16 December 2019

NSW says it will cut feral horse numbers after survey shows runaway growth

| Ian Bushnell
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Brumbies at Currango Plains in the Kosciuszko National Park

Feral horses or brumbies at Currango Plains in the Kosciuszko National Park. Their numbers are exploding. Photo: John Barilaro.

NSW says it will reduce the number of feral horses in Kosciuszko National Park after a new survey revealed an explosion in numbers that is alarming environmentalists and the ACT Government, concerned at the threat to habitat and the water catchment.

The 2019 Australian Alps feral horse aerial survey shows that feral horses have more than doubled in numbers over the past five years from 9180 to 25,318, an increase of 23 per cent a year.

Last year NSW stopped culling the horses after passing legislation recognising their cultural and heritage value, with local National Member for Monaro and Deputy Premier John Barilaro vocal in his support for the ‘brumby’.

While the ACT Government’s review of its feral horse management plan found it had effectively prevented the re-establishment of populations in Namadgi National Park, there are concerns about the ”sustained and increased threat” from horses in the northern end of Kosciuszko National Park bordering the Territory.

NSW Environment Minister Matt Kean offered some solace to the ACT, saying the NSW Government would take steps to reduce the number of horses in the Kosciuszko National Park ”in a humane way”.

He did not say what sort of program this might entail but the current legislation rules out lethal culling, which points to removal from the park or transfer within it.

Mr Kean said the survey estimated that there were about 19,000 horses in the Kosciuszko National Park, compared to about 6,000 in 2014. “These numbers are unacceptable and unsustainable for our natural environment,” he said.

ACT Environment Minister Mick Gentleman said feral horses did not recognise state boundaries and the scientific evidence was clear that heavy-hoofed pests such as feral horses were damaging the landscape.

“I recently toured impacted areas to survey the damage and eroded waterways these heavy-hoofed feral animals cause,” he said.

“I have raised and will continue to press this issue with my State and Federal Government colleagues. We need to conserve our water quality and protect critically endangered animals like the northern corroboree frog, which lives in the moist alpine bogs of the ACT high country.”

Murrumbidgee River

The degraded banks of the Murrumbidgee River are caused by feral horses. Photo: ACT Government.

Mr Gentleman said the integrity of the high-country areas was vital to preserve the quality of Canberra’s drinking water, and the water that flows from the Australian Alps, which contributes more than 30 per cent of inflows into the Murray-Darling system.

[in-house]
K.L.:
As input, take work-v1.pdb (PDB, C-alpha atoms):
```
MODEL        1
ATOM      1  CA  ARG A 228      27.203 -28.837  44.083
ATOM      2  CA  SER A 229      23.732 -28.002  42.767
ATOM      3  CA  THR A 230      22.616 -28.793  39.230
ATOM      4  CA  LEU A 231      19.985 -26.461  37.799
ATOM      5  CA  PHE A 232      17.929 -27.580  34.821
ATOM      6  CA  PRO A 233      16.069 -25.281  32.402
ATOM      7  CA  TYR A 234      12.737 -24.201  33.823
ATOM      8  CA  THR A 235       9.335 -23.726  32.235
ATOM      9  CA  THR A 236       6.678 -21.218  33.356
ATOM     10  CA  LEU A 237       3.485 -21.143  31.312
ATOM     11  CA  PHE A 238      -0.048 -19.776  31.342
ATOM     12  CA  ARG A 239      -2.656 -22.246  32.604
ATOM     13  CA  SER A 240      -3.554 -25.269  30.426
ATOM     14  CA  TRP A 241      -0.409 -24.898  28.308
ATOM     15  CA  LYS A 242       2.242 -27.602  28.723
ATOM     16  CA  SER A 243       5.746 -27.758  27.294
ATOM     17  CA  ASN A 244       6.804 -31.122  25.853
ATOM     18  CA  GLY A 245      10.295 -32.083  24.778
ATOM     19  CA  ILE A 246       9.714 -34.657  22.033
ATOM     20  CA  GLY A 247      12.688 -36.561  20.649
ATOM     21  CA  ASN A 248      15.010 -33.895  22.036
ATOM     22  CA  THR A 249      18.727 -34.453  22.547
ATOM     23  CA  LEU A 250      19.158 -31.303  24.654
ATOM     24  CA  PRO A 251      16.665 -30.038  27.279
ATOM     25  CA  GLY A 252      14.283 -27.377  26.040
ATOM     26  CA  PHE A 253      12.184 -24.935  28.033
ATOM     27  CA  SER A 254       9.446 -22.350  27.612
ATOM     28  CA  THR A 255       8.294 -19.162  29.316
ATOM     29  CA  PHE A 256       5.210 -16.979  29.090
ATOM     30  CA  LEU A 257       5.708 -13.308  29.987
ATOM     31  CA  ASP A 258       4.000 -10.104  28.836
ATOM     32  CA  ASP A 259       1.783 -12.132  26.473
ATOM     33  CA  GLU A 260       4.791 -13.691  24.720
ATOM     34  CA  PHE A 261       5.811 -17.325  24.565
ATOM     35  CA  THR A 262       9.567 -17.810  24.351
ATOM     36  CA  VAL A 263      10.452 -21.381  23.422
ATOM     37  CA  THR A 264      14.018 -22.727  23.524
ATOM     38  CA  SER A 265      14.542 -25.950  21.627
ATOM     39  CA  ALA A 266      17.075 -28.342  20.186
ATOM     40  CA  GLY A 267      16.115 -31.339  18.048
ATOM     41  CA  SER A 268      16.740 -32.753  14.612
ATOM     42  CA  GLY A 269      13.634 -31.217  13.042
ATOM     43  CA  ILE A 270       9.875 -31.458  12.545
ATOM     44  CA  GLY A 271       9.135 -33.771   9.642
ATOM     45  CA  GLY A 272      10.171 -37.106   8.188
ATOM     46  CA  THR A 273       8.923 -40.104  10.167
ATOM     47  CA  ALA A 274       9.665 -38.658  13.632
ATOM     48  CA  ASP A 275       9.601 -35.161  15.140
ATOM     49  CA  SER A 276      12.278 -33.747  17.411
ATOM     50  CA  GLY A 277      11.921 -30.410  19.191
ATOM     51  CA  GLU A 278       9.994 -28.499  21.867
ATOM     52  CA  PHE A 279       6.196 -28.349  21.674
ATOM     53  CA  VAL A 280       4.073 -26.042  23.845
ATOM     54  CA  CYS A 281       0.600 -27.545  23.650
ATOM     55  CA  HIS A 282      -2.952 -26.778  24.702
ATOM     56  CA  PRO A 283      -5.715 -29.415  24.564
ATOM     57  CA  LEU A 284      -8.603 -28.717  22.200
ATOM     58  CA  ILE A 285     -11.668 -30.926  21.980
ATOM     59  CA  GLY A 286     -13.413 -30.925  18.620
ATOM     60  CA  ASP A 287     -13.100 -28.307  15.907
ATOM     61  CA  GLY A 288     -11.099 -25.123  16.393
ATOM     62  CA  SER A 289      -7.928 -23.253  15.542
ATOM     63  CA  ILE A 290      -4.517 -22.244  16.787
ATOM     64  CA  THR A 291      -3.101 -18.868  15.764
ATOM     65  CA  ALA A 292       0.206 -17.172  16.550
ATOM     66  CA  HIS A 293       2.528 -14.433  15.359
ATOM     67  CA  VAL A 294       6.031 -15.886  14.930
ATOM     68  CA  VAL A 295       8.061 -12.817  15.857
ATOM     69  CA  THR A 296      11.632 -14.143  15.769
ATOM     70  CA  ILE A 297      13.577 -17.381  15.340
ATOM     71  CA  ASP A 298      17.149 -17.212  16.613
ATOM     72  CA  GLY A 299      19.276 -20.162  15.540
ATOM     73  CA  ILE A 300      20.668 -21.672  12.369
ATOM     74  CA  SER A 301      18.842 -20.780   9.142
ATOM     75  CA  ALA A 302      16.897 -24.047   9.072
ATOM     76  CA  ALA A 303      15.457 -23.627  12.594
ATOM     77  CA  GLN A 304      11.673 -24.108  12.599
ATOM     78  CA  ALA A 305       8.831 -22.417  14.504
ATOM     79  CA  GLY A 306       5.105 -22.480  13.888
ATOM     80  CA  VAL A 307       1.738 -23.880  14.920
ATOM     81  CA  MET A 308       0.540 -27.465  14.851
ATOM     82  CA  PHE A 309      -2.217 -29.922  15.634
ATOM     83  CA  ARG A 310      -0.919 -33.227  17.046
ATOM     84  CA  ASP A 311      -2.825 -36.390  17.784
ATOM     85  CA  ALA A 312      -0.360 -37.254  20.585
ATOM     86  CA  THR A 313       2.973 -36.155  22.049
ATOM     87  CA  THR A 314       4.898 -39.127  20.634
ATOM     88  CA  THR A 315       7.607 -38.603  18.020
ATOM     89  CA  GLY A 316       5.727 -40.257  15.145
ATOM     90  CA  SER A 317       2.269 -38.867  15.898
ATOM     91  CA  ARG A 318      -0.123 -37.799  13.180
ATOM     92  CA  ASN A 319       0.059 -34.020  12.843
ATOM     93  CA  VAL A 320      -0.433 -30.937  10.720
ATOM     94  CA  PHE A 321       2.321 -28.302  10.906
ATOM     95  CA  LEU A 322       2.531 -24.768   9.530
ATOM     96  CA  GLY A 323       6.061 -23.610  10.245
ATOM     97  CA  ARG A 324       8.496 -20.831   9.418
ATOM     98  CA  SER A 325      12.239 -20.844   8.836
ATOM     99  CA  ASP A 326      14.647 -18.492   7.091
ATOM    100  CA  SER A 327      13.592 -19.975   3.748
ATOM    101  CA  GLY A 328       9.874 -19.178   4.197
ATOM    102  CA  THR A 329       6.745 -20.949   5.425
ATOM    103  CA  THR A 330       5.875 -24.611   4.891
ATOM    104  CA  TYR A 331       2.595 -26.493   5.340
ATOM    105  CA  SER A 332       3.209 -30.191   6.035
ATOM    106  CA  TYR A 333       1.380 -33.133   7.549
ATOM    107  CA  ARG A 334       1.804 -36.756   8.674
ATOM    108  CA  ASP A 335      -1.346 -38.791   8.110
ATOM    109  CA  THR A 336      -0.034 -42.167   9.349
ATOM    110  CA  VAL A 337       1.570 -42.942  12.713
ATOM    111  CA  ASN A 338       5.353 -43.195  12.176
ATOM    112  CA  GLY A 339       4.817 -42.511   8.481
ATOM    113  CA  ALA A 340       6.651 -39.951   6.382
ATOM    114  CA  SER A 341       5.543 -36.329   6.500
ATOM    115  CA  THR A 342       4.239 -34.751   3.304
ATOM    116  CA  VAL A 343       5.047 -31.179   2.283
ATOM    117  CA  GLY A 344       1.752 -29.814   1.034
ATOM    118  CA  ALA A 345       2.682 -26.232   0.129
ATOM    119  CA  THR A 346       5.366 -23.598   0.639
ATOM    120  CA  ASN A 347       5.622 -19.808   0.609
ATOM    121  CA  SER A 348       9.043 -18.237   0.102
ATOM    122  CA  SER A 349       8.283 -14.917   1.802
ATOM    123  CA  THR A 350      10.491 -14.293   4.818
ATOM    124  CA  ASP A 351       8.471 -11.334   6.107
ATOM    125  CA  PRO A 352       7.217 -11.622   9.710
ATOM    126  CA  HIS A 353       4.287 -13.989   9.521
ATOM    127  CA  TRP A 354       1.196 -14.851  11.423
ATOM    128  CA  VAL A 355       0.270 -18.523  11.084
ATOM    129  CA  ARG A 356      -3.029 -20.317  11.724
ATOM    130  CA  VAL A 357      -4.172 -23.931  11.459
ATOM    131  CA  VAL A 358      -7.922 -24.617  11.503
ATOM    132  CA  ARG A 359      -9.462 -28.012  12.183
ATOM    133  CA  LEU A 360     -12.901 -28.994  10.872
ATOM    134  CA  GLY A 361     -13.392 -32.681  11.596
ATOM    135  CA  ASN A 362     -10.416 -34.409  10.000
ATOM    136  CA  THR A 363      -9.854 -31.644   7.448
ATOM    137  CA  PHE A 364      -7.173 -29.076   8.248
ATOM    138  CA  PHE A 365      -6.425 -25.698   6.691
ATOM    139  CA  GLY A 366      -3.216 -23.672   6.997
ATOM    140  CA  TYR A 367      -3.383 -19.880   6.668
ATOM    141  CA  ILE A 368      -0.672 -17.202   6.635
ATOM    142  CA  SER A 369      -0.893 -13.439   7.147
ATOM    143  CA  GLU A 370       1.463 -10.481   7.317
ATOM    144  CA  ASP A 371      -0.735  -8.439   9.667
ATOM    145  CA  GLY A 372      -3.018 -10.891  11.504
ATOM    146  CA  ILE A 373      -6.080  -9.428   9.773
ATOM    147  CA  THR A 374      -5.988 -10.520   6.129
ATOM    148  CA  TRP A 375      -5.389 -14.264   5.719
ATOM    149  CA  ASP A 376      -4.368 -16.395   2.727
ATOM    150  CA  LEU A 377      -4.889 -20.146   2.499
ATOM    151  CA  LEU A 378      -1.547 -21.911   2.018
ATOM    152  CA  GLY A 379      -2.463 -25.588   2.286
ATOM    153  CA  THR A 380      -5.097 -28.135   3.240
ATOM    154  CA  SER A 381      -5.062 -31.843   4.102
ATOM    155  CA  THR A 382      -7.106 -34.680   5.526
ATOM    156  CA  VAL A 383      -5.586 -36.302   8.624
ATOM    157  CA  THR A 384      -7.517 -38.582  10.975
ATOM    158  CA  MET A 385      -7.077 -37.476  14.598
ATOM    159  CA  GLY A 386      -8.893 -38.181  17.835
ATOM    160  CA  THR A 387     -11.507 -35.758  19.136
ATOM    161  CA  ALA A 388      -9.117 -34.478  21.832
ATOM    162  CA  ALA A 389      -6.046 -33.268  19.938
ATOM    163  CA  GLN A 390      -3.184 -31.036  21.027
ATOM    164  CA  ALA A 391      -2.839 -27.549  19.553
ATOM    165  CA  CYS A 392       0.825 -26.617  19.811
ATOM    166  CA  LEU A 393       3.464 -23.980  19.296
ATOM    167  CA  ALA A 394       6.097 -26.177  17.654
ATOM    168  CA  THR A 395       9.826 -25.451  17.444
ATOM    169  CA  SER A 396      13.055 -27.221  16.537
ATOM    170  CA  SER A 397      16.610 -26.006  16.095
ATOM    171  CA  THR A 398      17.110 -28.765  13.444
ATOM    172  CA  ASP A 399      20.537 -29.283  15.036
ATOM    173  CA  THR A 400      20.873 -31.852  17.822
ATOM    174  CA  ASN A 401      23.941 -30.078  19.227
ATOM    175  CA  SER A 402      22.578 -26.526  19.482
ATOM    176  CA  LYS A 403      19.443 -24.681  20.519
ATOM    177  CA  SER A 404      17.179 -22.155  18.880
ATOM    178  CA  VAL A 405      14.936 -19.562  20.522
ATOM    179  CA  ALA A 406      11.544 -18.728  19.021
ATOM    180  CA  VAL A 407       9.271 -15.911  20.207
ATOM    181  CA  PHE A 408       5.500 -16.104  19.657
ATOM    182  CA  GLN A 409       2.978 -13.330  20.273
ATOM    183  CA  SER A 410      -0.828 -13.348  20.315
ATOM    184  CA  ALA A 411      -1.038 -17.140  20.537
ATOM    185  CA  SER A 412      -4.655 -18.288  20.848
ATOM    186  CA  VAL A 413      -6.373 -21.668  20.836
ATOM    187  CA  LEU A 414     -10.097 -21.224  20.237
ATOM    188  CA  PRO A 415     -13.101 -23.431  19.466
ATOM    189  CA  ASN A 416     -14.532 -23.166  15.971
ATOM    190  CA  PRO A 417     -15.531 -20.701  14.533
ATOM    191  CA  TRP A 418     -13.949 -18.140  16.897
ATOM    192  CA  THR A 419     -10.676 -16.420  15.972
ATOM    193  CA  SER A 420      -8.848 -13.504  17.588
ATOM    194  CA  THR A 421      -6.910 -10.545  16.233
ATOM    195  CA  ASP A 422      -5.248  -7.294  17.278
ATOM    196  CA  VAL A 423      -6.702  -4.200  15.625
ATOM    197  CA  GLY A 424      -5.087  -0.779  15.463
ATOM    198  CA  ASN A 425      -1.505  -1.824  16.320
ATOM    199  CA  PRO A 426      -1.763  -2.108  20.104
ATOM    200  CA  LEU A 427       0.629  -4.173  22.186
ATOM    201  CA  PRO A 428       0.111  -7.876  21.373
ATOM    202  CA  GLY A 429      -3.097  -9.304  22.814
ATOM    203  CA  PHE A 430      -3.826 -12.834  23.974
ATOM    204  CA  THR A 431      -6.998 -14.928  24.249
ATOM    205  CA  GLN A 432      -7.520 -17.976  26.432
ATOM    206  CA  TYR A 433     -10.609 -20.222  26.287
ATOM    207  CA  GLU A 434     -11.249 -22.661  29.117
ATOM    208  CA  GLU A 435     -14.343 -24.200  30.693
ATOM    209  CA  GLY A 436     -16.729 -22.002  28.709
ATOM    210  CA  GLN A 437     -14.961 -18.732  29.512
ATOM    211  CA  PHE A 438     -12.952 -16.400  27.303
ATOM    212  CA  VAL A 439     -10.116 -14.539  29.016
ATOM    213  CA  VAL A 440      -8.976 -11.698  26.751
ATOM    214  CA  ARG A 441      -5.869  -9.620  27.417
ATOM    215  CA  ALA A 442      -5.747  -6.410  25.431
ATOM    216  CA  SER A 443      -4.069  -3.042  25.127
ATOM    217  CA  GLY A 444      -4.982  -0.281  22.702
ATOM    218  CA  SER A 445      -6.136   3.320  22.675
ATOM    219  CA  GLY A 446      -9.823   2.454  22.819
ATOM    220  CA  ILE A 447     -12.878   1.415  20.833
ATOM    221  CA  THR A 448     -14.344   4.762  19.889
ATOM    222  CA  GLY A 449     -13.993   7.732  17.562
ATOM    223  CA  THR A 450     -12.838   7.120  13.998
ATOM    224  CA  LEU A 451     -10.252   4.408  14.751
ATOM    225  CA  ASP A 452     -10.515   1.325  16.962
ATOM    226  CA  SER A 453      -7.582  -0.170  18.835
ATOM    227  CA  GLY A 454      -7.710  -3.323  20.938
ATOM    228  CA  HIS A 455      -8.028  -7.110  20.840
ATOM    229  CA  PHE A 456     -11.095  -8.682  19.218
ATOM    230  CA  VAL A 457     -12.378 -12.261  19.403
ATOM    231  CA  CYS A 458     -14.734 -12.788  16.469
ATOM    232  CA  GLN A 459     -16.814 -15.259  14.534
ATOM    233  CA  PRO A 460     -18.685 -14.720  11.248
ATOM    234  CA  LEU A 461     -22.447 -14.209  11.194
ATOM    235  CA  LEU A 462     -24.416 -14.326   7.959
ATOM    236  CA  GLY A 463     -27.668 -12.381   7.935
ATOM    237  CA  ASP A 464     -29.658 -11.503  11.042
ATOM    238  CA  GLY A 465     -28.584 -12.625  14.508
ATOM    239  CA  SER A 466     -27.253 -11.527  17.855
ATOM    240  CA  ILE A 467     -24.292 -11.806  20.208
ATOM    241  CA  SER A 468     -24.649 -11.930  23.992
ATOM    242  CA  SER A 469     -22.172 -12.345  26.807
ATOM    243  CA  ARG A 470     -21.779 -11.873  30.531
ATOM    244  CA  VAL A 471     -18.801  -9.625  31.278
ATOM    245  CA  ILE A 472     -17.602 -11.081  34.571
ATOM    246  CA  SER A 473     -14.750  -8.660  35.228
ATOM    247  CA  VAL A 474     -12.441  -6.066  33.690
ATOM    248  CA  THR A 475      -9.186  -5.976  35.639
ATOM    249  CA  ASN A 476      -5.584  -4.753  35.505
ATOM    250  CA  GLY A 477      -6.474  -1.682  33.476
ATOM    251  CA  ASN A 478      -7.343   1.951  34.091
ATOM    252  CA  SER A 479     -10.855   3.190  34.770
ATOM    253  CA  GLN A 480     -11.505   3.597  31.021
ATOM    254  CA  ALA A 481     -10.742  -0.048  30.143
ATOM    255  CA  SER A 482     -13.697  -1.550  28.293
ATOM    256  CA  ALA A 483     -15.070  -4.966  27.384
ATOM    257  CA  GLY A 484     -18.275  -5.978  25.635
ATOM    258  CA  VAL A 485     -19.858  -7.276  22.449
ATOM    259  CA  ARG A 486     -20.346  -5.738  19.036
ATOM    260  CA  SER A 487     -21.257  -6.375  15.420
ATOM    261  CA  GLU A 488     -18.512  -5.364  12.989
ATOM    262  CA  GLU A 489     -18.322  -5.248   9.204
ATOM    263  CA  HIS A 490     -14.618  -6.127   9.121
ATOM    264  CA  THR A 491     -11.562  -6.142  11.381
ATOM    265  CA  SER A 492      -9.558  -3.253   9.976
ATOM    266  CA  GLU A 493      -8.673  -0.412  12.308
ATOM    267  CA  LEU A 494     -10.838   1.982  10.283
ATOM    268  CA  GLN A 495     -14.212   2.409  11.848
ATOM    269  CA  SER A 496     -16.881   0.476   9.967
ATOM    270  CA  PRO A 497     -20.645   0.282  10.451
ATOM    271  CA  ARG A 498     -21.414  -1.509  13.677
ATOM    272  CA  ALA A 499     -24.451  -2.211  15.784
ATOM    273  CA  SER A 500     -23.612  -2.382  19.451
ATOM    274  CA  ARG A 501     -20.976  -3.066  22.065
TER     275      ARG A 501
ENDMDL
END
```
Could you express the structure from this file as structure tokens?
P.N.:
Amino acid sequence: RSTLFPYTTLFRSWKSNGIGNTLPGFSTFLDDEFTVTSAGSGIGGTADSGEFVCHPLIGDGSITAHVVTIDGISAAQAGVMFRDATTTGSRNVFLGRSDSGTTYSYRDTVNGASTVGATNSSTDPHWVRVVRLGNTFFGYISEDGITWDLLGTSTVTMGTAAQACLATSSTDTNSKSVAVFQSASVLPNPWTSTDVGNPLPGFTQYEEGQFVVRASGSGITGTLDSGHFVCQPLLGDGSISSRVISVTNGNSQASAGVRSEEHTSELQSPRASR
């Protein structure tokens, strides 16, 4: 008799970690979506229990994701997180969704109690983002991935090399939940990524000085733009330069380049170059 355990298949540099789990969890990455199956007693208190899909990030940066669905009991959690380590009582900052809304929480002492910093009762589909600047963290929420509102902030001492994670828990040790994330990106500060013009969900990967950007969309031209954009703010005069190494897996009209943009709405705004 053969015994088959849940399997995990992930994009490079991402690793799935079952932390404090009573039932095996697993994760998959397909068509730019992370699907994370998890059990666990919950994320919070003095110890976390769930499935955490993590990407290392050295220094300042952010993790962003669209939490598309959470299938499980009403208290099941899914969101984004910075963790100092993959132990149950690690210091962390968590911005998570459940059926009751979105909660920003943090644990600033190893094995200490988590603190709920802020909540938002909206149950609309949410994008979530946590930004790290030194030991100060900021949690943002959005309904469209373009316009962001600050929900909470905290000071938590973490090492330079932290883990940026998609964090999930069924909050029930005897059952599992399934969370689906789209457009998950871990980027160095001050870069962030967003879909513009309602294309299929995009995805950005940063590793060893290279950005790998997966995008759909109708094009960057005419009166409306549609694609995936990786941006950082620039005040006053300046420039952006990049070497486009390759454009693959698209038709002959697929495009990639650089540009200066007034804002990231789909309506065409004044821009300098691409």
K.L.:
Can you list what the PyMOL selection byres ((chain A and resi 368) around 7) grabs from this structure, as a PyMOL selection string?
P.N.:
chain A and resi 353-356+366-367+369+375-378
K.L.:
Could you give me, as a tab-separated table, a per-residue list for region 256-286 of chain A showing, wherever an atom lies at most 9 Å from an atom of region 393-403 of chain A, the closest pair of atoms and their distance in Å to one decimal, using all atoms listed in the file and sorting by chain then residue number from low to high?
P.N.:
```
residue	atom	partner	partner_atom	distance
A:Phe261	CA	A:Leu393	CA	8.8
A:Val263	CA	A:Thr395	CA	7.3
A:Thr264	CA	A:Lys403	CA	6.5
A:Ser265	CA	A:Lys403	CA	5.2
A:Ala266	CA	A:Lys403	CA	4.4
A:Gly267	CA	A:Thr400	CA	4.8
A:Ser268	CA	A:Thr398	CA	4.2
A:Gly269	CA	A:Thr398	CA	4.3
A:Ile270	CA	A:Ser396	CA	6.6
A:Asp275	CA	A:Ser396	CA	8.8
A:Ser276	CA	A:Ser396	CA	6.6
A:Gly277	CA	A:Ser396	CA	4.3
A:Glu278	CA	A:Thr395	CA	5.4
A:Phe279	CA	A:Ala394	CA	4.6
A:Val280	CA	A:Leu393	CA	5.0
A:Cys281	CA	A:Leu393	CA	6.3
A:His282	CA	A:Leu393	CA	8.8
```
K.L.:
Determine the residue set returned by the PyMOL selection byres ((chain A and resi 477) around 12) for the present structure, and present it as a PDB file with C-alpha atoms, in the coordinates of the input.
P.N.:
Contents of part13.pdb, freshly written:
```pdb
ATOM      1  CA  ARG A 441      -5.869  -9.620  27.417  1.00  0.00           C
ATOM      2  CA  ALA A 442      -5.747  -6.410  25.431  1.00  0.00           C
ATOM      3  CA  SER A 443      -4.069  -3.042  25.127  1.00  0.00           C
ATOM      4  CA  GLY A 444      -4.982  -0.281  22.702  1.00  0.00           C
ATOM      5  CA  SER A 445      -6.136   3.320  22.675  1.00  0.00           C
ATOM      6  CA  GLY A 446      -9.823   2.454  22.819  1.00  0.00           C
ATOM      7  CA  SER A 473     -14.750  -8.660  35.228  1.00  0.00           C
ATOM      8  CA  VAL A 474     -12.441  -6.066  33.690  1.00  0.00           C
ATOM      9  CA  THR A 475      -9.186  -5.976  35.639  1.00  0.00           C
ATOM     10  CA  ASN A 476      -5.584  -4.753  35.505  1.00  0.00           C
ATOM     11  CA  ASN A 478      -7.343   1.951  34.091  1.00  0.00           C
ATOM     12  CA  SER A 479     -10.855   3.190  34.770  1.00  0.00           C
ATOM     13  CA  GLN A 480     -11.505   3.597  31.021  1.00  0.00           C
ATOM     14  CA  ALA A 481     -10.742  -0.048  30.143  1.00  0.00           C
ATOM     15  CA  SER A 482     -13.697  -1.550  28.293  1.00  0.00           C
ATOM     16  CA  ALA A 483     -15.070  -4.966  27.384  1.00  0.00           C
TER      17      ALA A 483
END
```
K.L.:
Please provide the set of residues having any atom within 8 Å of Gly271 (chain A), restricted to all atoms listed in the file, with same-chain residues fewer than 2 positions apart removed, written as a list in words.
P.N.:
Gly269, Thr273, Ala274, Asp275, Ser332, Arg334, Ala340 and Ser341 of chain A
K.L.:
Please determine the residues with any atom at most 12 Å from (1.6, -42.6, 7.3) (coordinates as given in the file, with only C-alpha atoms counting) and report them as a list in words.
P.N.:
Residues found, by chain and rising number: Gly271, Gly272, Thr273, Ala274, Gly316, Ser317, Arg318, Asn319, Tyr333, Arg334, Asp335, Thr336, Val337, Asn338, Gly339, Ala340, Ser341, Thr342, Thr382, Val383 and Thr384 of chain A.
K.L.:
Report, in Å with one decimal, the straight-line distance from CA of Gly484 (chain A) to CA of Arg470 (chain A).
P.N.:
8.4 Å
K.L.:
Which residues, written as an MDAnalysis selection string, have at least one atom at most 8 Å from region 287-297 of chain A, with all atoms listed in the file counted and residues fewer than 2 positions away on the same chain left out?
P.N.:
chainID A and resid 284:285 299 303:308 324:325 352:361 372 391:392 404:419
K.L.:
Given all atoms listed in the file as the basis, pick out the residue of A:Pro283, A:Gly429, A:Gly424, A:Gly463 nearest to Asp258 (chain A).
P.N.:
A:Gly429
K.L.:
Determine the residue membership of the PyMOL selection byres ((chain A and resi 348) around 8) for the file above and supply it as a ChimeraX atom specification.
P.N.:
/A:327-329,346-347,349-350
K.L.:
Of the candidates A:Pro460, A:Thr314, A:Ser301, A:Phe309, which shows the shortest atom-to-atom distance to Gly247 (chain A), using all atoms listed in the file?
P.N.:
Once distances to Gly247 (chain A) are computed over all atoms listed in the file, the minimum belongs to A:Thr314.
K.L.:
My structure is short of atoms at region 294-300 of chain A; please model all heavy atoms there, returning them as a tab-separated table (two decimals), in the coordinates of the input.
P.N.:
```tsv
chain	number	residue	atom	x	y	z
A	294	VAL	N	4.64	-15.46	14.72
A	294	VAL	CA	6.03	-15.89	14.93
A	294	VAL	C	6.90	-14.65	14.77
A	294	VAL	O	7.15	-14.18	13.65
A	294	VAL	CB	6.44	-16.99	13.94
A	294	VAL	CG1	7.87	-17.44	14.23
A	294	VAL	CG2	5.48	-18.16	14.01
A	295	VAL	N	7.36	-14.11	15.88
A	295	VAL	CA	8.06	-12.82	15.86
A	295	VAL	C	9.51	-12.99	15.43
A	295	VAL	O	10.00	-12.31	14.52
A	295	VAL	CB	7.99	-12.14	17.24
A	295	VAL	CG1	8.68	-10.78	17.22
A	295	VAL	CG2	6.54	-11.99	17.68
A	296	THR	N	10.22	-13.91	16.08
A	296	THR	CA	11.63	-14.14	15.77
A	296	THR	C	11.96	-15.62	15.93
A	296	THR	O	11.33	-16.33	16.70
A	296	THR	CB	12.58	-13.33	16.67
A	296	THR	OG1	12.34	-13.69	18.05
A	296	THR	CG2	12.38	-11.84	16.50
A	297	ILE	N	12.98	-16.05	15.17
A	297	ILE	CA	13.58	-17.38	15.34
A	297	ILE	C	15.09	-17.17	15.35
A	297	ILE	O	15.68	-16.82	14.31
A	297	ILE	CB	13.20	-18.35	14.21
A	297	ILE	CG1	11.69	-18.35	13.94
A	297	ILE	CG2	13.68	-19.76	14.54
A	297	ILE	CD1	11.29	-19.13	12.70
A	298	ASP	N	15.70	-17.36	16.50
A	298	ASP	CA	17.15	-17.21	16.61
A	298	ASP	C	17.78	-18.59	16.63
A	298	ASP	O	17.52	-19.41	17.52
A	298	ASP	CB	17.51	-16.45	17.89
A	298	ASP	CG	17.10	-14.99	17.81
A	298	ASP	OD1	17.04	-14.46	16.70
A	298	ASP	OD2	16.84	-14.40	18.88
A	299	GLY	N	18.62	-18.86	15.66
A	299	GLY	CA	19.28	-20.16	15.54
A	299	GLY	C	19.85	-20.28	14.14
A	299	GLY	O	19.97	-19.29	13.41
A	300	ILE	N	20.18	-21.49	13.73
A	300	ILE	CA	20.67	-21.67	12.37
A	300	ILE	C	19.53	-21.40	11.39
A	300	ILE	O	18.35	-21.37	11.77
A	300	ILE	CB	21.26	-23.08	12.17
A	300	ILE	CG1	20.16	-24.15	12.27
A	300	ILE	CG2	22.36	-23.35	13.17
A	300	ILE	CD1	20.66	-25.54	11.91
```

Feral horses that do cross into Namadgi are trapped, shot and removed but Mr Gentleman fears that if numbers keep growing the pressure on the ACT may eventually necessitate aerial culling.

National Parks Association of the ACT (NPA ACT) president Esther Gallant said feral horse numbers in the NSW and Victorian sections of the Australian Alps had multiplied unchecked to the point of destruction of crucial headwaters wetlands of the Murrumbidgee, Murray and Snowy rivers.

Two recent NPA ACT field trips into the region of Kosciuszko National Park west of the Brindabella Mountains and adjacent to Namadgi had confirmed the severity of the damage being caused by feral horses.

“The horses are trampling sensitive ecosystems, causing massive damage to native vegetation in many areas, especially to sphagnum moss, which plays an important role in maintaining water supply during dry periods by gradually releasing stored water,” she said.

Professor Gallant said the increasing numbers threatened to make implementation of ACT Government policy more difficult and costly for Canberrans.

“Deer and pigs are already damaging Namadgi National Park, although efforts to reduce the number of these ungulates – hard-hoofed animals — are underway. If we have another bushfire in Namadgi of the magnitude of the 2003 fires, there would be no possibility of recovery with large ungulates immediately devouring every bit of green regrowth.”

The review will contribute to an updated ACT feral horse management plan in 2020 that will incorporate the latest science and population numbers.

The current ACT plan is available from the Environment, Planning and Sustainable Development Directorate.

The critically endangered northern corroboree frog

The critically endangered northern corroboree frog lives in the moist alpine bogs of the ACT high country.

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